The Thorsberg moor (Thorsberger Moor, Tosbarch, Tåsbjerre "Thor's hill") near Süderbrarup in Anglia, Schleswig-Holstein, Germany from the 1st century BC to the 4th century AD served as the location of votive deposits by the Angles and is hence the location of important Roman Iron Age finds, including early Elder Futhark inscriptions such as the Thorsberg chape, a Roman helmet, a shield buckle, and early socks. The finds are of similar importance as the contemporary finds from Danish Illerup and Vimose.
The deposits dedicated to Thor from ca. AD 200 become more martial in character. This trend has been connected with the Marcomannic war (AD 166 to 180). Just outside the moor is an Iron Age tumulus with a stone circle.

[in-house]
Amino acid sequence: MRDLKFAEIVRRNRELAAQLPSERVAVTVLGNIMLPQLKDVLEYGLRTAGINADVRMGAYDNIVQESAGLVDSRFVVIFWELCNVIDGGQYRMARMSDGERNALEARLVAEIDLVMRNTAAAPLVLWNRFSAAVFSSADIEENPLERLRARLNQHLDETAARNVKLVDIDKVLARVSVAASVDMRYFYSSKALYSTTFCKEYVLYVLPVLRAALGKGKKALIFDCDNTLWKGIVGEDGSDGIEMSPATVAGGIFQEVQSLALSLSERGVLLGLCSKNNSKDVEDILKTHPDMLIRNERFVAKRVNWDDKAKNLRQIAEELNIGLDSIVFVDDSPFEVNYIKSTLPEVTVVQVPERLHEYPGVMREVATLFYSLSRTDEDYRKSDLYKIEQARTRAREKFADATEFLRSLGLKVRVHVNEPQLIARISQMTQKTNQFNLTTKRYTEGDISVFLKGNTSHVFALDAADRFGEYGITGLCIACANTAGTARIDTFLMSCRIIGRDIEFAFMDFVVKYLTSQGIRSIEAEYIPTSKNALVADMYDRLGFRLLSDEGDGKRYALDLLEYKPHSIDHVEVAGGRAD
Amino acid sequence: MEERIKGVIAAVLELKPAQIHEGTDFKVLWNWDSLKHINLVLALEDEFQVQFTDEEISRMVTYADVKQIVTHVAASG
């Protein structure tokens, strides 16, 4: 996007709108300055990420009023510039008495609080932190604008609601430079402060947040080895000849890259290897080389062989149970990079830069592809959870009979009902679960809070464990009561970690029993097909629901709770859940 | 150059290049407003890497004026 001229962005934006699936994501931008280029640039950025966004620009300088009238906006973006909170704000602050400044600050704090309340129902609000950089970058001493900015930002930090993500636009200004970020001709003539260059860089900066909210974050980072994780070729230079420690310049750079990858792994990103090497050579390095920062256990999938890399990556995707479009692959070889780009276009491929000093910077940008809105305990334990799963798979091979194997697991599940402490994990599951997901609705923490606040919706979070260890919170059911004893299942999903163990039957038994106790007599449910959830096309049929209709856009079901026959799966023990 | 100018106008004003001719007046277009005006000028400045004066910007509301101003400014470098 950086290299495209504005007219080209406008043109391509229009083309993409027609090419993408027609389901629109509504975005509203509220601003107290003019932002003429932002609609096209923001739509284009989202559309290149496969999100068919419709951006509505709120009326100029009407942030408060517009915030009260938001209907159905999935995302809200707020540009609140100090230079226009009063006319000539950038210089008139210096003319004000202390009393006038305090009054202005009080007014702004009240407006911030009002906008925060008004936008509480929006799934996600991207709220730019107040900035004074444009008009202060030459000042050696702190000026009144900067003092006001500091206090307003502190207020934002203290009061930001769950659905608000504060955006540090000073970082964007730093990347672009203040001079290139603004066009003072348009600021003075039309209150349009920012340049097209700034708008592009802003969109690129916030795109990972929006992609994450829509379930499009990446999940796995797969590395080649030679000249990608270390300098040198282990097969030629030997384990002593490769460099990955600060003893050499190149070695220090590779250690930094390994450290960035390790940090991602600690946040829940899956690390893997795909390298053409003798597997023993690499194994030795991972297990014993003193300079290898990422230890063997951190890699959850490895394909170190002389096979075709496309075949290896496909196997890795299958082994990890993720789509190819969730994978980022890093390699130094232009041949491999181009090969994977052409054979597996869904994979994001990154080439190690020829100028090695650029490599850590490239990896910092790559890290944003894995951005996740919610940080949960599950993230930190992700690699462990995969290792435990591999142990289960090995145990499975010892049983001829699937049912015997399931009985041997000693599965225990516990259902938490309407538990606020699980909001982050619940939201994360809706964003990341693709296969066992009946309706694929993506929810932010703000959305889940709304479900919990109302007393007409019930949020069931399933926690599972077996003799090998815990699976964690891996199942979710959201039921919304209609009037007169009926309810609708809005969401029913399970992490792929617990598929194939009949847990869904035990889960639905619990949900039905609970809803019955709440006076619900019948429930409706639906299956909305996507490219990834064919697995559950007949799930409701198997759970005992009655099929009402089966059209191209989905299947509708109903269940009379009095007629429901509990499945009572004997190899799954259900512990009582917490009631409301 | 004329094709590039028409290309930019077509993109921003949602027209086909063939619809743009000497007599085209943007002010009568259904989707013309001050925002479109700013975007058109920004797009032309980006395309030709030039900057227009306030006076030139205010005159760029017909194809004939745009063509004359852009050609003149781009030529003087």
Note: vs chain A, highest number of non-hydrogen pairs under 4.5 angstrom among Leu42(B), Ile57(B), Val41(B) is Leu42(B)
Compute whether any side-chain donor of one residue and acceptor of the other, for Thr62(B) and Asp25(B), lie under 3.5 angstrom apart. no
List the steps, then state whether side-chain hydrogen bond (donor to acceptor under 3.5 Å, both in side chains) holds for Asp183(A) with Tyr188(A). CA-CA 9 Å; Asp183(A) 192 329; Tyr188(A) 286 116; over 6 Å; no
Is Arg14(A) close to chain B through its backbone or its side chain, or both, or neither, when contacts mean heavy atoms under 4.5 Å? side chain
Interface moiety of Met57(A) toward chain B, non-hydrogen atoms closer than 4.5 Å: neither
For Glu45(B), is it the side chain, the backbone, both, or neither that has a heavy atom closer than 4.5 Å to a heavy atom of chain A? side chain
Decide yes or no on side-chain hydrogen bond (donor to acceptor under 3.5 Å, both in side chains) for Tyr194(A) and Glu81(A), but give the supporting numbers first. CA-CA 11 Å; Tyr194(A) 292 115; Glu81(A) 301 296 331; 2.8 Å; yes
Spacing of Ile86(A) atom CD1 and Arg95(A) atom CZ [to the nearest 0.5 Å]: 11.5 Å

The moor was excavated 1858 to 1861 by Flensburg teacher Conrad Engelhardt. The objects recovered by Engelhardt are on exhibit in the Gottorp Palace museum; another 500 finds are on exhibit in Copenhagen.